On indigenous life today, Ortiz says, “Sometimes we get the feeling the indigenous way of life is disappearing. It’s true to some extent. Colonization has resulted in the disengagement of those oral traditions and the cultural dynamics and connection to the land. But being battered or being diminished does not mean the entire abandonment of the traditions.” [12]

Evelina Zuni Lucero wrote of Ortiz, following an early interview with him: “His native language, the stories of his people, and his traditional upbringing permeate his thought, his writing, his voice, his presence. He speaks forth the Indian experience in a way people, white and Indian, urban and reservation recognize and embrace. . . . No matter where he is, he always comes home to reconnect, to contribute, to participate. His writing, his life, truly is for the land, the community, and the next generation.” [13]  

Ortiz says literature was knowledge to him because his father and grandfather and other elders spoke of the old stories as knowledge. That which is ours, which comes from our own, this is how you are going to know yourself, they told him. So for him literature was a natural attraction. “It is part of the way we bring knowledge to people. Look into me in order that you may see yourself. That is what a poet or any writer does.”[14]

 



[1] Dunaway, David King. Writing the Southwest. Plume Book, 1995, p. 150.

[2] Interview with Simon J. Ortiz, Albuquerque, NM, August 20, 2009.

[3] Ibid.

[4] Brill de Ramirez, Susan Berry and Lucero, Evelina Zuni (eds.). Simon J. Ortiz: A Poetic Legacy of Indigenous Continuance. University of New Mexico Press, 2009, p. 94.

[5] Op. cit. Interview.

[6] Ibid.

[7] Ibid.

[8] Ibid.

[9] Brill de Ramirez and Lucero, op.cit. p. 121.

[10] Op.cit. Interview.

[11] Ibid.

[12] Ibid.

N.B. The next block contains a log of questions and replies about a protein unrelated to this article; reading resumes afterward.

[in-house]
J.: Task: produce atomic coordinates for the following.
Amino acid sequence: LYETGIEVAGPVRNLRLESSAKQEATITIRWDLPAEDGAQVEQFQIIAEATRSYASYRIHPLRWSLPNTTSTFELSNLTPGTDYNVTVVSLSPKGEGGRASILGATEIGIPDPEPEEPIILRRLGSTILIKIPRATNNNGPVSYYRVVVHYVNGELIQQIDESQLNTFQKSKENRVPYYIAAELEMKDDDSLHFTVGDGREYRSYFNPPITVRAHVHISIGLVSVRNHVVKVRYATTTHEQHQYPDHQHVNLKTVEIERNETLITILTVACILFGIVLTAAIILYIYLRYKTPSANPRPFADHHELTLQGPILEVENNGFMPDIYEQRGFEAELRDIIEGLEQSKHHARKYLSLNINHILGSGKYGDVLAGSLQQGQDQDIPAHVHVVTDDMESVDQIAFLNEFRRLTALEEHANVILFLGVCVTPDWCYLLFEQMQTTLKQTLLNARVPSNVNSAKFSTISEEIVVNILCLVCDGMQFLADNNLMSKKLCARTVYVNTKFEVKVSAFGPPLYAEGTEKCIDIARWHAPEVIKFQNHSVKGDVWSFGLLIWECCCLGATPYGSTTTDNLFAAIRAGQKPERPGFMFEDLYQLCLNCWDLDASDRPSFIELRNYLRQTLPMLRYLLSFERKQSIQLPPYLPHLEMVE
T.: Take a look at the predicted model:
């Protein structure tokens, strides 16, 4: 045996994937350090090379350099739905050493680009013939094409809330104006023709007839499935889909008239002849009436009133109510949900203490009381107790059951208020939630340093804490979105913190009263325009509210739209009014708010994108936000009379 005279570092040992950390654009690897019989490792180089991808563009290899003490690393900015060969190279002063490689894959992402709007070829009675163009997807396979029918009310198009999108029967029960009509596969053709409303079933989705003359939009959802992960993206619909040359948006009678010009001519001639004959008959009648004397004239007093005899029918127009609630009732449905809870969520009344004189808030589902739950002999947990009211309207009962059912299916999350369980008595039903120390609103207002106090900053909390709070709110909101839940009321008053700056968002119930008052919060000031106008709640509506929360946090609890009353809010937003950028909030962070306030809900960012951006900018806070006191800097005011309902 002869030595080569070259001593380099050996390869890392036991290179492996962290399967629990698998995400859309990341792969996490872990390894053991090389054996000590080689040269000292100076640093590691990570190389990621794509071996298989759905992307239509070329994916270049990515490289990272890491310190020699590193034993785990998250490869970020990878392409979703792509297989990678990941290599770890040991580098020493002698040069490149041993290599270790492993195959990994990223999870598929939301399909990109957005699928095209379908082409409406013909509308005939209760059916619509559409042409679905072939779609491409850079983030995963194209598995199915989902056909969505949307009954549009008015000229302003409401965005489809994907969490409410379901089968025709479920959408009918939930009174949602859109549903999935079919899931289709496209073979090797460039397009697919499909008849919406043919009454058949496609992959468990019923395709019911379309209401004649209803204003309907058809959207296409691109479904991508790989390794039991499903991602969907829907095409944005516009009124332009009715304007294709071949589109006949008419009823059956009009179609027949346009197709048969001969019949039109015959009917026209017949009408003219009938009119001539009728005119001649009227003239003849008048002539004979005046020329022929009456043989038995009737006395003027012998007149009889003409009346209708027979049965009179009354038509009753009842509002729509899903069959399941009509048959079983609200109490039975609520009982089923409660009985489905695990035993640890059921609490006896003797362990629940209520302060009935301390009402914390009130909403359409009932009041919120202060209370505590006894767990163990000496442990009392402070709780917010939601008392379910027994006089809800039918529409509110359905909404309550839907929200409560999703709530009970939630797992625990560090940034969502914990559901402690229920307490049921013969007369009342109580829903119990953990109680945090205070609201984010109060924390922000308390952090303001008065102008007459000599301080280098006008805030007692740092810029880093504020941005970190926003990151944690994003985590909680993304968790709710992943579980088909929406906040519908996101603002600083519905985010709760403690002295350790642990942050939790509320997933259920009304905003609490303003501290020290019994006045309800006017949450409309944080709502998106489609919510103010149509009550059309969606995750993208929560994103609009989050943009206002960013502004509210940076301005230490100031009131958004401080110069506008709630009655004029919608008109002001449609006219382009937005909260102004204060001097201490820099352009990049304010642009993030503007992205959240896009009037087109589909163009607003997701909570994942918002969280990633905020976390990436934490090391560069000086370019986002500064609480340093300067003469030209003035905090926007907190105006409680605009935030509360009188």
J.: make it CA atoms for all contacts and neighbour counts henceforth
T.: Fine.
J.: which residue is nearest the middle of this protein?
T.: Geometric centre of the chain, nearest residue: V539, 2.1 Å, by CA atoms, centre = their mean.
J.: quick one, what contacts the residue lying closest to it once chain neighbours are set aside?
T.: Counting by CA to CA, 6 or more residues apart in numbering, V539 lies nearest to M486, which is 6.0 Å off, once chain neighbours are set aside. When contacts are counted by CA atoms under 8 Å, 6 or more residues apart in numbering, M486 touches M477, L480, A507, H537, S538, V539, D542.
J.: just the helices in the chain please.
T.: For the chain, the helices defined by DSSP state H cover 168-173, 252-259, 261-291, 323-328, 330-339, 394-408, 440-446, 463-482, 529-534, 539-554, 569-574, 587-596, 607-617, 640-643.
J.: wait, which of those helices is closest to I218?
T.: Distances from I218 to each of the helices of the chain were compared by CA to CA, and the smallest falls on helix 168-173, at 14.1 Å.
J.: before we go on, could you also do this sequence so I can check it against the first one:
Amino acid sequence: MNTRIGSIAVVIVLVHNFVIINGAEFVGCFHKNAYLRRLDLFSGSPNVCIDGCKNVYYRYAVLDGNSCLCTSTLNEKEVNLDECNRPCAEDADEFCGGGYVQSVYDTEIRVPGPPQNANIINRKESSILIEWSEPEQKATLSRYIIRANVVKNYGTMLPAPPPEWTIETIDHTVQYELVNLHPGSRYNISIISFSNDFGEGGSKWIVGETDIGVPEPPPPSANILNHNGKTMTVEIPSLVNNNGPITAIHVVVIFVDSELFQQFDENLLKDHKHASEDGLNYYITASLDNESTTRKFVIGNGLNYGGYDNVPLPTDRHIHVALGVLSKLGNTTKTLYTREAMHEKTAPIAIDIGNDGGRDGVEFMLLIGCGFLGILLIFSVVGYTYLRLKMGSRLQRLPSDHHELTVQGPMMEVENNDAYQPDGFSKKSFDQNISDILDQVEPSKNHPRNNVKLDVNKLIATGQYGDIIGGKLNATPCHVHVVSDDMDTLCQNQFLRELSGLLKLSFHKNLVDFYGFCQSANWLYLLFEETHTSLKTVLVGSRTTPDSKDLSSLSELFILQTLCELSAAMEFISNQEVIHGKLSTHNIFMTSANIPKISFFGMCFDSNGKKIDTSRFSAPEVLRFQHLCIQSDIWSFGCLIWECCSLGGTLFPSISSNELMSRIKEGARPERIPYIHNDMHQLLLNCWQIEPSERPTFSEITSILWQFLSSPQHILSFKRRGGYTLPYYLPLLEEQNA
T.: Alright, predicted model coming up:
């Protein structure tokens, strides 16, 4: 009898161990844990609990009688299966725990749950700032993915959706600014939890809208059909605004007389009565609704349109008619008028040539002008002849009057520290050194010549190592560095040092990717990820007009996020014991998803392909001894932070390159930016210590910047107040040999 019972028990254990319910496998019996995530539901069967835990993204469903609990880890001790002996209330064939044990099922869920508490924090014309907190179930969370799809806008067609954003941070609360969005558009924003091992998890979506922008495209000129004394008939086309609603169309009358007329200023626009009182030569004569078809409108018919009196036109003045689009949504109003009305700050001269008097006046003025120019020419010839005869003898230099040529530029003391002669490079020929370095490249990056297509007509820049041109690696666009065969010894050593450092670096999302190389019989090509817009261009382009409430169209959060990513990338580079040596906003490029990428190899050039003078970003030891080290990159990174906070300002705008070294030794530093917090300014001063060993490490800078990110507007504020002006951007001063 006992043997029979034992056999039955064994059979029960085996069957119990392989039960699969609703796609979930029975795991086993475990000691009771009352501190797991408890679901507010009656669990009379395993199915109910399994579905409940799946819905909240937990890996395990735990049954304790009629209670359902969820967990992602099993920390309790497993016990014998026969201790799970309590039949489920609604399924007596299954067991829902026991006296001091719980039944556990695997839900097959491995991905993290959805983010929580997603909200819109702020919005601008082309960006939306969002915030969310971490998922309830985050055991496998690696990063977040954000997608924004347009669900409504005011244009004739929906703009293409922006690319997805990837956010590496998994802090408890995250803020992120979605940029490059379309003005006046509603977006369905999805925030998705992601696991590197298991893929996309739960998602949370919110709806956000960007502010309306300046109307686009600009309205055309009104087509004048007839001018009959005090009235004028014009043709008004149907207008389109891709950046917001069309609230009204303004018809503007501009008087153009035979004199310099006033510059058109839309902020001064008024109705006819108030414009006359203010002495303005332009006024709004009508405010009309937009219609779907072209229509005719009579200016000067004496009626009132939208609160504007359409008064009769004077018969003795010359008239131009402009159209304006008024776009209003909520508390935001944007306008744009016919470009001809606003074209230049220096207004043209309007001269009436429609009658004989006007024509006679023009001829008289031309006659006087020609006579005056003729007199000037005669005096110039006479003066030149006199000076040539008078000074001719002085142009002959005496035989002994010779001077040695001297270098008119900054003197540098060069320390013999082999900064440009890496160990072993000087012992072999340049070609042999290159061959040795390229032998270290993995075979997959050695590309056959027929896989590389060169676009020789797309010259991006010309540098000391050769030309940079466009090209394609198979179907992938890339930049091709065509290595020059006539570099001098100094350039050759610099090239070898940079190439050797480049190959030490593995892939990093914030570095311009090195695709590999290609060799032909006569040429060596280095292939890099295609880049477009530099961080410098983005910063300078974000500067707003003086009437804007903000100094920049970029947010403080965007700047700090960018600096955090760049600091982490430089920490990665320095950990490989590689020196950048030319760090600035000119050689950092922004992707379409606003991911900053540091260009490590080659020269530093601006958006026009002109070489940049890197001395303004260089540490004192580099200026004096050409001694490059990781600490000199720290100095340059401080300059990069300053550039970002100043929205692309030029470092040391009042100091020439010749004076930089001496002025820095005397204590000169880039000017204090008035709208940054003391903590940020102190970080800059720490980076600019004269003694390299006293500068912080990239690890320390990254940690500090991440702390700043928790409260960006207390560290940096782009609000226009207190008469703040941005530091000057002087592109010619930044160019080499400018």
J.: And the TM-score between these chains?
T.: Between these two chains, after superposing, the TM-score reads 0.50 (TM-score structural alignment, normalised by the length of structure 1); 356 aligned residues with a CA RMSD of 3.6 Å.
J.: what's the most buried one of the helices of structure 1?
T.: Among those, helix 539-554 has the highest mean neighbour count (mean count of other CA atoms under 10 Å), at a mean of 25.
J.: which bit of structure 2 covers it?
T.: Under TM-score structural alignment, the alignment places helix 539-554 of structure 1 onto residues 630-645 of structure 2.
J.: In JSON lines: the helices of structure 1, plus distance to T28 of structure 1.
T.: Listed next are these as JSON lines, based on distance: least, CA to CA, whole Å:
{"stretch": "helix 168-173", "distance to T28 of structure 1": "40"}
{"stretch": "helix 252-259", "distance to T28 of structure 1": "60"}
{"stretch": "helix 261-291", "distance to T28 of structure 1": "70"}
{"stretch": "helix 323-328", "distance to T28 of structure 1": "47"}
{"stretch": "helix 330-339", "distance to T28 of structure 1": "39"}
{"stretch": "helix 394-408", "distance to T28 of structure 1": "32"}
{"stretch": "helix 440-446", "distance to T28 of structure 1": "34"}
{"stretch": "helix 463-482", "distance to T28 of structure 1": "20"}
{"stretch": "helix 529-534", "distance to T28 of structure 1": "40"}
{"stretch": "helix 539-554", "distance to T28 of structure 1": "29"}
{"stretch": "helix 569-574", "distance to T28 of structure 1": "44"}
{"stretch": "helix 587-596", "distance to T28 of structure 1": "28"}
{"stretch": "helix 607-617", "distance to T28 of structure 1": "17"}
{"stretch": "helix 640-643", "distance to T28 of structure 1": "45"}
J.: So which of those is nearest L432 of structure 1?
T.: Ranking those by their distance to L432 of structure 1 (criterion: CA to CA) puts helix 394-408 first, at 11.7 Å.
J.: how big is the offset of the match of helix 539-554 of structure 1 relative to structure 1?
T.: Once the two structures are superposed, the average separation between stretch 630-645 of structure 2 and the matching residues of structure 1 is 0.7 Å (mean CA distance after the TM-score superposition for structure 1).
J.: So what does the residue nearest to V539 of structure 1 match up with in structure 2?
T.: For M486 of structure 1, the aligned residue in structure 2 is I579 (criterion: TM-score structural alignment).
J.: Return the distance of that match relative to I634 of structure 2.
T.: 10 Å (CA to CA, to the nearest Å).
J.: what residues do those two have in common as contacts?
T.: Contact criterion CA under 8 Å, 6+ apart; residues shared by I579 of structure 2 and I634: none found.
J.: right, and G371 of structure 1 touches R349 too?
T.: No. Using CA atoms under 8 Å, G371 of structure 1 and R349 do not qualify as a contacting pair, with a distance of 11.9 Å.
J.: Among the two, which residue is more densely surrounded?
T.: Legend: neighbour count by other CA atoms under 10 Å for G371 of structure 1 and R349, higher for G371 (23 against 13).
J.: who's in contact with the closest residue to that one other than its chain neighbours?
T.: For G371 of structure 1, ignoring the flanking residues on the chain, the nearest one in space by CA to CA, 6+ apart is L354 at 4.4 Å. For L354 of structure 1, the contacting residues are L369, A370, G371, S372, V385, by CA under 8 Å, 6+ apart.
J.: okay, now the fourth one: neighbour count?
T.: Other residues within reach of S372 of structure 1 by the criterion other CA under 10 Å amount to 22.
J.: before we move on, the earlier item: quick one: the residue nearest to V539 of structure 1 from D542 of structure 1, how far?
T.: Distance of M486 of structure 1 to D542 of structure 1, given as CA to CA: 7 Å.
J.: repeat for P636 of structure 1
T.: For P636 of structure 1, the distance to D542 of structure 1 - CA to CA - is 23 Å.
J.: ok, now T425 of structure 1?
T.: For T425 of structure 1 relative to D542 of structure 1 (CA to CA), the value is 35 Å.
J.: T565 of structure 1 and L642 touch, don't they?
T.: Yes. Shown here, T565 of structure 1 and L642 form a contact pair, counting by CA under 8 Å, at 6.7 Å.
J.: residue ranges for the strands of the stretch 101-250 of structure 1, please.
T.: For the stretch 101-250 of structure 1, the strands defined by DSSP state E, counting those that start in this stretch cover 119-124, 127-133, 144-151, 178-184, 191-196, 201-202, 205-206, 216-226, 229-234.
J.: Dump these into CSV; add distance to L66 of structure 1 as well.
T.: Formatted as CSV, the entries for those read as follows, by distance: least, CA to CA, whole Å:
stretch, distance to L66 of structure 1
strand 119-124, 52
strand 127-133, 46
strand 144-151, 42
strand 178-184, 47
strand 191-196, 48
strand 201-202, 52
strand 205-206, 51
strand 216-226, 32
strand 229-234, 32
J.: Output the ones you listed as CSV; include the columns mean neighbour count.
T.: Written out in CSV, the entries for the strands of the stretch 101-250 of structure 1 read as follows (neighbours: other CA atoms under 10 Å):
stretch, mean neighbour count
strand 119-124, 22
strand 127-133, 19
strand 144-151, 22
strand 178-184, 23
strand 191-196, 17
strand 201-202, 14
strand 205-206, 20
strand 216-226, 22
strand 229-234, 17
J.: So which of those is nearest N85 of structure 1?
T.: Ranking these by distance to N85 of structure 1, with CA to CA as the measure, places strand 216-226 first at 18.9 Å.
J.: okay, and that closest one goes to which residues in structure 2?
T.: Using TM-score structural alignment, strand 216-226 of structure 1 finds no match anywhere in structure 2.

[13] Lucero, Evelina Zuni. “Writer Ortiz Tells Indian Joys, Struggles, Victories and Sorrows.” Pueblo News, Aug. 1978.

[14] Op.cit. Interview.

 


Sources used:

Brill de Ramirez, Susan Berry and Lucero, Evelina Zuni. Simon Ortiz: A Poetic Legacy of Indigenous Continuance. University of New Mexico Press, 2009.

Dunaway, David King. Writing the Southwest. Plume/Penguin, 1995.

Lucero, Evelina Zuni. “Writer Ortiz Tells Indian Joys, Struggles, Victories and Sorrows.” Pueblo News, August 1978.

Ortiz, Simon. Speaking for the Generations: Native Writers on Writing. University of Arizona Press, 1998.

Ortiz, Simon. From Sand Creek. University of Arizona Press, 1981.

_____. Woven Stone. University of Arizona Press, 1992.

_____. After and Before the Lightning. University of Arizona Press, 1994.

_____.  Men from the Moon. University of Arizona Press, 1999.

_____. Out There Somewhere. University of Arizona Press, 2002.

 

 

Published Works by Simon J. Ortiz:

Beyond the Reach of Time and Change, 2005

The Good Rainbow Road, 2004

Out There Somewhere, 2002

From Sand Creek  1981, 2000

Men on the Moon, 1999

Speaking for the Generation,1998

After and Before the Lightning, 1996

Woven Stone, 1992

A Good Journey, 1985

Earth Power Coming, 1983

Fightin’: New and Collected Stories, 1983

Blue and Red, 1982

The Importance of Childhood, 1982

Fight Back: For the Sake of the People, For the Sake of the Land, 1980

Welcome Howbah Indians, 1977

The People Shall Continue, 1977

Going for the Rain, 1976

Naked in the Wind, 1971